Usage (1 for TRUE, 0 for FALSE):

f(7)
[1] 1
f(8)
[1] 1
f(15)
[1] 0
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1  
I don’t really know how R works, but could you just do i(n-1)|i(n)|i(n+1) instead of ifelse(i(n-1)|i(n)|i(n+1),1,0)? –  minitech Jul 9 '13 at 2:07
    
You are right: g=function(n){library(gmp);i=isprime;i(n-1)|i(n)|i(n+1)} - down to 56 characters! ;-) –  Paolo Sep 4 '13 at 12:50

C++

k=3;cin>>i;i--;
while(k)
{l[k]=0;
  for(j=2;j<i;j++)
   if(!(i%j))
     l[k]++;
  k--;
  i++;
}
if(!l[1]|!l[2]|!l[3])
     cout<<"1";
else cout<<"0";
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Welcome to CodeGold.SE. If you look at the other answers you'll notice a common format used for answers to [code-golf] questions. You might want to apply it to your answers as well. –  dmckee Jan 31 '12 at 20:48

Q, 43 chars 36

{any min each a mod 2_'til each a:x+-1 0 1}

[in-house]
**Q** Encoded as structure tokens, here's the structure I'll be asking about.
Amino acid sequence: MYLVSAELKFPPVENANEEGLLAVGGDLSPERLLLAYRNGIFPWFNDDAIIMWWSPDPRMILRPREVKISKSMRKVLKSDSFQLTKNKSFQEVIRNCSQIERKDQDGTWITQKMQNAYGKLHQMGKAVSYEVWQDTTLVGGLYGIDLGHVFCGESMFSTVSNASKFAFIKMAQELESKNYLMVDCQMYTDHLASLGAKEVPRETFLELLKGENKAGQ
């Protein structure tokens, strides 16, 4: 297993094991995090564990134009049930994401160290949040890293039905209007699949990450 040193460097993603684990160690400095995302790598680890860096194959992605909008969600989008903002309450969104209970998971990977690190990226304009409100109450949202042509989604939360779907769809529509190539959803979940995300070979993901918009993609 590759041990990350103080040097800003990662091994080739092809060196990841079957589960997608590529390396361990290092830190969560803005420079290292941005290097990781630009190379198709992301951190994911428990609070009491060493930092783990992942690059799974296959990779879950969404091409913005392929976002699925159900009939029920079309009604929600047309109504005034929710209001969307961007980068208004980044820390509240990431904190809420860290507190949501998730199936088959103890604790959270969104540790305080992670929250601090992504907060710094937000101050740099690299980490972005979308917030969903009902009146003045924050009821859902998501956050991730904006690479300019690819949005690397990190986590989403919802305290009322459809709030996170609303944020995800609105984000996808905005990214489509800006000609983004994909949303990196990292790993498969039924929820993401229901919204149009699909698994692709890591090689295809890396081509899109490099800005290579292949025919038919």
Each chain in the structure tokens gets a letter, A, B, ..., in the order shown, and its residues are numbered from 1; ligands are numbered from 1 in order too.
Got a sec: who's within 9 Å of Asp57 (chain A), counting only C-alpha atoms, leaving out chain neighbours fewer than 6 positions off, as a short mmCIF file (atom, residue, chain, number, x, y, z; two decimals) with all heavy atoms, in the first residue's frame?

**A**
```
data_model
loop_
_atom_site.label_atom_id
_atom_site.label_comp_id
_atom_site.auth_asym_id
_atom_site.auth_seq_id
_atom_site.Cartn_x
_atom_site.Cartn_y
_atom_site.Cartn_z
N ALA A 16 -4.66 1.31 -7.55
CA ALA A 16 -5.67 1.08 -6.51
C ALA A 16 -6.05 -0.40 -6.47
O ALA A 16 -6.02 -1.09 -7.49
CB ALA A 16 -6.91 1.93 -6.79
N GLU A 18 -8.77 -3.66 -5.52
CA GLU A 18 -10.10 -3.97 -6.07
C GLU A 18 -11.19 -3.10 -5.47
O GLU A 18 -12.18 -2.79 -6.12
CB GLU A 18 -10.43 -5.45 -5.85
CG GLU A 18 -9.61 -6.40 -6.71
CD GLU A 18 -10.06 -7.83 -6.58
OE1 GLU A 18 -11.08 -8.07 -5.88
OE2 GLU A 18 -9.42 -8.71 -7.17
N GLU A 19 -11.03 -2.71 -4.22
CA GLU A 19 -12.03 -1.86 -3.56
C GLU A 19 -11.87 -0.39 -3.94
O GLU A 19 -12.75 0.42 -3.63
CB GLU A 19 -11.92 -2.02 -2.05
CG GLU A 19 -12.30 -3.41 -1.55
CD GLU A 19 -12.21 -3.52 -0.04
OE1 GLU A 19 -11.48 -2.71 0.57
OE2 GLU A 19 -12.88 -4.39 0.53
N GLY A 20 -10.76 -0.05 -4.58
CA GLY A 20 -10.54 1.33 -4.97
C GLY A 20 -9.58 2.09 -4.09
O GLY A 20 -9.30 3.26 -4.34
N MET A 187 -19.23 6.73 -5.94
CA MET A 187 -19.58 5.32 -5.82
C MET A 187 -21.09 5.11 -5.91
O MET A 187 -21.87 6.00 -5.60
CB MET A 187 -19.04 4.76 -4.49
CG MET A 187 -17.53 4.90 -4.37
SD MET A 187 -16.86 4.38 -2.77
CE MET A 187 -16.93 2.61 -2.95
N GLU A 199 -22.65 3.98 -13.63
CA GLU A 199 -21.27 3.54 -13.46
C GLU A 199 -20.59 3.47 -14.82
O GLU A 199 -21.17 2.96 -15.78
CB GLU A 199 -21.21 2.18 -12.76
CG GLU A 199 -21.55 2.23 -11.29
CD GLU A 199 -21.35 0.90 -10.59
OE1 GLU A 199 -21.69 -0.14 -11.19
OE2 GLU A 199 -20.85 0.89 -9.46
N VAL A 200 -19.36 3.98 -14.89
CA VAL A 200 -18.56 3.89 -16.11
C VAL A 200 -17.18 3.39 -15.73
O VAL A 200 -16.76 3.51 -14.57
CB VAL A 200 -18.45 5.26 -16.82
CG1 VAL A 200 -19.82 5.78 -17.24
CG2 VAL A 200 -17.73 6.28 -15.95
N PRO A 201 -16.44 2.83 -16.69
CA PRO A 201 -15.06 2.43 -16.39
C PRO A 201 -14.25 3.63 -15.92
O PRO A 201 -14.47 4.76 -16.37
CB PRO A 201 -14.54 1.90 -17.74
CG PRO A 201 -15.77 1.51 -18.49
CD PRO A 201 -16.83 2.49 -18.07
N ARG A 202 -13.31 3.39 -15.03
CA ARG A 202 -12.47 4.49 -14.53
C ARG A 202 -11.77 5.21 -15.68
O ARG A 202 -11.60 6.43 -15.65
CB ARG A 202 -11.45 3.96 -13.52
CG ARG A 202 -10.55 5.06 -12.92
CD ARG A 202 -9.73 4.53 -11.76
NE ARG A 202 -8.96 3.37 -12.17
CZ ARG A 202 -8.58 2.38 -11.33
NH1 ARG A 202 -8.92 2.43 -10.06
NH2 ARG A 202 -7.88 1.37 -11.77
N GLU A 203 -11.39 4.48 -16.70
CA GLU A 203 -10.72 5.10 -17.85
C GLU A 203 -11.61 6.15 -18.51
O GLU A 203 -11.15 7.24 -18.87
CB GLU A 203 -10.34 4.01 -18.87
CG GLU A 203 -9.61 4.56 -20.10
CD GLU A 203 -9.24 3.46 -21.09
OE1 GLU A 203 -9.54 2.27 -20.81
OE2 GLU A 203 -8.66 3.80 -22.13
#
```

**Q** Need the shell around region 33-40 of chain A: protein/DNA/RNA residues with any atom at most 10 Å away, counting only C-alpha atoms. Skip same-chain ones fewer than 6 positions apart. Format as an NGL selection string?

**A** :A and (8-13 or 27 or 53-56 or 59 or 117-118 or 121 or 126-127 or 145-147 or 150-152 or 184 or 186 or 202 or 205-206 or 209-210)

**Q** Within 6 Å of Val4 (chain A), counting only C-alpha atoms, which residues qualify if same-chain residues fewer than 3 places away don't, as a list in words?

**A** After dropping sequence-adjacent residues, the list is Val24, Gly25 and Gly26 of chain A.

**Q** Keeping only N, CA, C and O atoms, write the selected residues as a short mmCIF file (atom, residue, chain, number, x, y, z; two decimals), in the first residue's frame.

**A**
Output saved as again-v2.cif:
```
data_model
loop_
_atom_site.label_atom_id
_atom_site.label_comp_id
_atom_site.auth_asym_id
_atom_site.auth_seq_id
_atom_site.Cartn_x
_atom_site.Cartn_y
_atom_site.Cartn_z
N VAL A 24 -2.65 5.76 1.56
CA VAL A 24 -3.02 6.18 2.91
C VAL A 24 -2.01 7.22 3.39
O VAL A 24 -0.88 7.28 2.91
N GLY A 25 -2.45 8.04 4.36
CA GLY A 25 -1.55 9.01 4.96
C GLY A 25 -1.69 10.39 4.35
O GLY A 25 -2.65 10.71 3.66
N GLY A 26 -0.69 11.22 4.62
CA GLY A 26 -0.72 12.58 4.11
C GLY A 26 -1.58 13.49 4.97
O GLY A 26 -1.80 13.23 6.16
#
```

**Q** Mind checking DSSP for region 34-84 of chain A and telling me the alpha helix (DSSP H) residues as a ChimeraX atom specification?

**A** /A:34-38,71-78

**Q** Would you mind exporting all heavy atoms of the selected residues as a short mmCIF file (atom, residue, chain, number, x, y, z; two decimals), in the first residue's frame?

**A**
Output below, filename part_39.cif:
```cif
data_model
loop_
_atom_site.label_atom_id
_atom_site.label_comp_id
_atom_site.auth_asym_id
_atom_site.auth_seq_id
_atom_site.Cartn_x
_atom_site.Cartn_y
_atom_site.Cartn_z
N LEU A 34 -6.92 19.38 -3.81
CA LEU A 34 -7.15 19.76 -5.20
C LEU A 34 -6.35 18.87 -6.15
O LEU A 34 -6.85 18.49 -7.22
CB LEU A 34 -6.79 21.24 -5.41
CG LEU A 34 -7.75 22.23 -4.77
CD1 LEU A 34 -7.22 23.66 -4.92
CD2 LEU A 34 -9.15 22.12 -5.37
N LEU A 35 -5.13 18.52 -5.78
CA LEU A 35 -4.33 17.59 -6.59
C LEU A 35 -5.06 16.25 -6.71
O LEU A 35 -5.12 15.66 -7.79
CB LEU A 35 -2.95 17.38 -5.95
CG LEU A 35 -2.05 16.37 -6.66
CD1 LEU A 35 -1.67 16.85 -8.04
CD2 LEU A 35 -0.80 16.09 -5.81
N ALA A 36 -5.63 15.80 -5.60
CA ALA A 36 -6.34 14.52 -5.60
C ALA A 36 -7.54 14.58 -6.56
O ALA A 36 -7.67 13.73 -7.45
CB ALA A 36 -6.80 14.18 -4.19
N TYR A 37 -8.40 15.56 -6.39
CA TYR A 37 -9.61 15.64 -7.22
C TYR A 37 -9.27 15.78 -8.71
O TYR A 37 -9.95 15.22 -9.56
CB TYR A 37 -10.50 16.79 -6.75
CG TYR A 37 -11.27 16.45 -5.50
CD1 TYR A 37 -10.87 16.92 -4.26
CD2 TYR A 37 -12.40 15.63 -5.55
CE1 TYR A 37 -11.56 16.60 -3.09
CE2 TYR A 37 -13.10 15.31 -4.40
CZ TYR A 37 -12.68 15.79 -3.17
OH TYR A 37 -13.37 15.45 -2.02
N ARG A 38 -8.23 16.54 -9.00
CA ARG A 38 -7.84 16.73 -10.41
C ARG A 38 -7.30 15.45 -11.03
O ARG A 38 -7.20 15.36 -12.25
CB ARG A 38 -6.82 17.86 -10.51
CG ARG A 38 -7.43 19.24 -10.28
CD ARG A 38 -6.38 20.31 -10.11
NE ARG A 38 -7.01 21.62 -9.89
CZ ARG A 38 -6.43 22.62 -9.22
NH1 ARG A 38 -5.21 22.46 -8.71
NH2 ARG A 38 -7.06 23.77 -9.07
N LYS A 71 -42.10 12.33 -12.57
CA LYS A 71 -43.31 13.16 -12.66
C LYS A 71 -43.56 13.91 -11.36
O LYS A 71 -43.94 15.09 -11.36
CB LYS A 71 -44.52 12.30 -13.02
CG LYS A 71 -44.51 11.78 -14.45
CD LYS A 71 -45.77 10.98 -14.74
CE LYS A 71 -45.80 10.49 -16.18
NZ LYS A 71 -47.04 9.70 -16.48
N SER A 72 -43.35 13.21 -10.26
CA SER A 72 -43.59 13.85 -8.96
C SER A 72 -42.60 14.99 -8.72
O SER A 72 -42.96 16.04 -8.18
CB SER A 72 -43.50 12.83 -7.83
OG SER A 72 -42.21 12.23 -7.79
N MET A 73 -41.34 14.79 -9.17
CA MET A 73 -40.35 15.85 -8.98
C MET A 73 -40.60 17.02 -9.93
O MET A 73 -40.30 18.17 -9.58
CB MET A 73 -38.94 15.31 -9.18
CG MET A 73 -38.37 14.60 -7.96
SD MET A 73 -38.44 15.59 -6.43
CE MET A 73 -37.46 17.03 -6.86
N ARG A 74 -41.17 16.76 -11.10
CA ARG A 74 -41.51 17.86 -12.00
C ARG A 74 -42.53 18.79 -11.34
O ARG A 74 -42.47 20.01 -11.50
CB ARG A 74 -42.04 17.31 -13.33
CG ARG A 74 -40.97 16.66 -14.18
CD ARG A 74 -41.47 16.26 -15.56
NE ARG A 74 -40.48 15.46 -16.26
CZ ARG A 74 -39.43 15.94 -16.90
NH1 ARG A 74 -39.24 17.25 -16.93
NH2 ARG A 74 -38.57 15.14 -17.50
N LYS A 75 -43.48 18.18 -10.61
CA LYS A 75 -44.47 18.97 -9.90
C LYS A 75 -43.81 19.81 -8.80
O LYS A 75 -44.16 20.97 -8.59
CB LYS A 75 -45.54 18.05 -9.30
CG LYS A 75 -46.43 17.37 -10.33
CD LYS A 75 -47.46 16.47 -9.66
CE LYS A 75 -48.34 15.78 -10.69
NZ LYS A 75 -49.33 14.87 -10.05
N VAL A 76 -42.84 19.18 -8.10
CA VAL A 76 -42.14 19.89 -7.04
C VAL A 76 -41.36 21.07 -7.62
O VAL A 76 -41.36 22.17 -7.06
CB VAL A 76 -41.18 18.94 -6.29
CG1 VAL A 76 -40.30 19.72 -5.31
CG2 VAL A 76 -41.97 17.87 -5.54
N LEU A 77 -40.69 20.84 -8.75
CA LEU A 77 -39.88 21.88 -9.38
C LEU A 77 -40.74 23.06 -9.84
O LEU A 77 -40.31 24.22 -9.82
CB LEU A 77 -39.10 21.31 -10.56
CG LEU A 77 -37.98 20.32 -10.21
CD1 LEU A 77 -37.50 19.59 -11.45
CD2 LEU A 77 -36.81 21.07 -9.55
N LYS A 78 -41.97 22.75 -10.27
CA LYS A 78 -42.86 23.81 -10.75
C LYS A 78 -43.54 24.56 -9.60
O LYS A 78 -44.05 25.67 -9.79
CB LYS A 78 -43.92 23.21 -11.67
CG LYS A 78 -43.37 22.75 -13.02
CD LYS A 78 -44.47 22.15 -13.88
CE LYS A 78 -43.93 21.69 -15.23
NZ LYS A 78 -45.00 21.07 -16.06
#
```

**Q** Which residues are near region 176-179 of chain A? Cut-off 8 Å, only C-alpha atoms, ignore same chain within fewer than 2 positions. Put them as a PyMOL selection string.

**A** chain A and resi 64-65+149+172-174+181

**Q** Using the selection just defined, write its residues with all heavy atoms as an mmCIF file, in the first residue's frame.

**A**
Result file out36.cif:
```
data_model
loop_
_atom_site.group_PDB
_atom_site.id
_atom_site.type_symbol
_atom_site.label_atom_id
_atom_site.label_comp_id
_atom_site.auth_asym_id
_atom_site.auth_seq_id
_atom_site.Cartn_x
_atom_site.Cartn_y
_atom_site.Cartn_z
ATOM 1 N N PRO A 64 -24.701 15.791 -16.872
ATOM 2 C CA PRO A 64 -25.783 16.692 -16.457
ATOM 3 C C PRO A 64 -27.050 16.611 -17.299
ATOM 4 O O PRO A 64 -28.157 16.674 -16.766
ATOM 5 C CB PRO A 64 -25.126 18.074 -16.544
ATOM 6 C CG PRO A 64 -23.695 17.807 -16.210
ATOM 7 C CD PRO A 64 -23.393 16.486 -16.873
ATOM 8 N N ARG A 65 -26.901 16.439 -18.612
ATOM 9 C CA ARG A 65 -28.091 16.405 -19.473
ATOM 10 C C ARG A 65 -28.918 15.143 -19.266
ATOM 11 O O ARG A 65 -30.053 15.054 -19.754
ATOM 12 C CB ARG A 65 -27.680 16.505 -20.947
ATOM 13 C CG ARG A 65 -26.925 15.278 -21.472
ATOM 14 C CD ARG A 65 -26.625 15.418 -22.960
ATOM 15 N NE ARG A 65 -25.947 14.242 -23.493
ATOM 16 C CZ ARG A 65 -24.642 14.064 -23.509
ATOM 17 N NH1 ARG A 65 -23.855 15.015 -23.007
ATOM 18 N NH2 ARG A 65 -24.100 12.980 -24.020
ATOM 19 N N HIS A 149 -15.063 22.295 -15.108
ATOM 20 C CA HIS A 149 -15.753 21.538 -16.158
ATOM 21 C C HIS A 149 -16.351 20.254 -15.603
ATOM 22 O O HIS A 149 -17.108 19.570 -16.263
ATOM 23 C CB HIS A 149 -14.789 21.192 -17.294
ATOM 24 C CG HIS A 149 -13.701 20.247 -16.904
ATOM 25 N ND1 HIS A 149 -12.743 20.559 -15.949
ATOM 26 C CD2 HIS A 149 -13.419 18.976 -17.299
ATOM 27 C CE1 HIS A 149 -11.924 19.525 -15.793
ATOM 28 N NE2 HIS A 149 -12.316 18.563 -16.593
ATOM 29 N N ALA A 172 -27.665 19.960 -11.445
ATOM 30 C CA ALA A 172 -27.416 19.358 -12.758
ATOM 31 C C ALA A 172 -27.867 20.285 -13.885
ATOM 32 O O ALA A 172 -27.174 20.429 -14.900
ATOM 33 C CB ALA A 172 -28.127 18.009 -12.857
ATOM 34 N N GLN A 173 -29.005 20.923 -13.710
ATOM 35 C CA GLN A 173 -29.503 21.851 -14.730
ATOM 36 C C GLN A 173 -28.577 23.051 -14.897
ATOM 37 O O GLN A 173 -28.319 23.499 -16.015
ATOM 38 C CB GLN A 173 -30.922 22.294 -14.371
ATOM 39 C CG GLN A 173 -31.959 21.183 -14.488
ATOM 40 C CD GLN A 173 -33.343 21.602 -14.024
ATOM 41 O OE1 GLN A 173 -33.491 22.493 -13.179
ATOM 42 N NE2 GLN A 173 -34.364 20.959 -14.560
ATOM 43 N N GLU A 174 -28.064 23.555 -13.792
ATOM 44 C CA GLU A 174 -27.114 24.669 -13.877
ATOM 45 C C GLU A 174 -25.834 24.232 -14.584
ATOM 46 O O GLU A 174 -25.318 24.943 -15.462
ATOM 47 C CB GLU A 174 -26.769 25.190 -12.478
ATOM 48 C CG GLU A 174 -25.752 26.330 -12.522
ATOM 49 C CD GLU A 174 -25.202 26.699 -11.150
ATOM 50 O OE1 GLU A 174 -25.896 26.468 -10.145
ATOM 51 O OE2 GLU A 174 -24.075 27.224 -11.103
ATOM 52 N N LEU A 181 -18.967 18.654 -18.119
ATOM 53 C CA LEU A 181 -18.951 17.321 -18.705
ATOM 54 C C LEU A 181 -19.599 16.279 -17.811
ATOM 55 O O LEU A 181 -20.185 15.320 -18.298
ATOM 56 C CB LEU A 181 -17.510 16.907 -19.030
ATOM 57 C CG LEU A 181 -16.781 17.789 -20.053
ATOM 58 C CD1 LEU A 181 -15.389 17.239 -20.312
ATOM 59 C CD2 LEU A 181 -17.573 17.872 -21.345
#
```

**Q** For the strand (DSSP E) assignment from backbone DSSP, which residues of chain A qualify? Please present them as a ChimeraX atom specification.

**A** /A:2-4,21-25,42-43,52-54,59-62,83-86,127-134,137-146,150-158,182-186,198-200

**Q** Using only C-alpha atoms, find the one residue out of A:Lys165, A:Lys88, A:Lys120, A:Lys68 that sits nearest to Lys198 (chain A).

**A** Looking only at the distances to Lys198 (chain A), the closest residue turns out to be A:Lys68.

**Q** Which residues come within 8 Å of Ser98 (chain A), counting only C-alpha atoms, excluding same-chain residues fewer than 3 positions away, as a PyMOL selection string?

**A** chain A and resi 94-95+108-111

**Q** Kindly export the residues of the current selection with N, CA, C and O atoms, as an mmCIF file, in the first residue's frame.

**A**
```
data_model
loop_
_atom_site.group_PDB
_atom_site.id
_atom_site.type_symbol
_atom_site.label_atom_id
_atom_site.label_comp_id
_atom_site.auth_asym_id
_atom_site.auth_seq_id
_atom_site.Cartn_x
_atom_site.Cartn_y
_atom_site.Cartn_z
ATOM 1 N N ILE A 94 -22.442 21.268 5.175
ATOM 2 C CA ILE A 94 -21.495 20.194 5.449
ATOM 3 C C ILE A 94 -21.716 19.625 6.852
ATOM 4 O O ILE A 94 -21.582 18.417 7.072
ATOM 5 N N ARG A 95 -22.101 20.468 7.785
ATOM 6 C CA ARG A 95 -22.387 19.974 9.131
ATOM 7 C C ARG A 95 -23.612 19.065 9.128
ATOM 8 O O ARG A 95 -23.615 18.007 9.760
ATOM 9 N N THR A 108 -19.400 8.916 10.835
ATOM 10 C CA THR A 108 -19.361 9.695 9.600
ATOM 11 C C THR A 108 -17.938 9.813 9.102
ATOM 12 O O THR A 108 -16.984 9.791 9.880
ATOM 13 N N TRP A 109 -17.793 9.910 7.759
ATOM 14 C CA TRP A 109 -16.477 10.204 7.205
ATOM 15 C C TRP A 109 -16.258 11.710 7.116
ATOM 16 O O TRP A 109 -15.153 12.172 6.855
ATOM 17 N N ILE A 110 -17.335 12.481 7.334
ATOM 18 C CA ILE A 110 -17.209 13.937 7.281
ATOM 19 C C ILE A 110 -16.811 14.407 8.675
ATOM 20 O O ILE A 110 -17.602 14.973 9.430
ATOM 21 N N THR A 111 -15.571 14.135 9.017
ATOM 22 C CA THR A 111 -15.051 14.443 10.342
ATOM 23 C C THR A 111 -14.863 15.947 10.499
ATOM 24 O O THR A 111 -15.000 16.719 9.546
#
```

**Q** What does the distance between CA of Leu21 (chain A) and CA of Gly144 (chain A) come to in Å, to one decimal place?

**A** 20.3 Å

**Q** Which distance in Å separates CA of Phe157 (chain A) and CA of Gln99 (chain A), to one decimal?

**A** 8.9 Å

{any(min')a mod 2_'(til')a:x+-1 0 1}
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J, 16 chars

   (_2&<@-4 p:]-2:)

   (_2&<@-4 p:]-2:) 1 2 3 4 5 6 7 8 9 10 11 12 13 14 15 16 17 18 19
1 1 1 1 1 1 1 1 0 1 1 1 1 1 0 1 1 1 1
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C#, 96

It returns -1,0,1 for true, anything else is false.

Any suggestions to make it shorter would be wonderful!

int p(int q){var r=q-1;for(var i=2;i<r&r<q+2;i++){if(i==r-1)break;if(r%i==0)r+=i=1;}return r-q;}

Expanded form:

int p(int q){
    var r=q-1;
    for(var i=2;i<r&r<q+2;i++){
        if(i==r-1)break;
        if(r%i==0)r+=i=1;
    }
    return r-q;     
}
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Python, 69 67 chars

any(all(i%j for j in range(2,i))for i in range(input()-1,8**7)[:3])

8**7 > 2**20 while being slightly shorter to write

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Ruby, 47 chars but very readable

require'Prime'
f=->x{[x-1,x,x+1].any? &:prime?}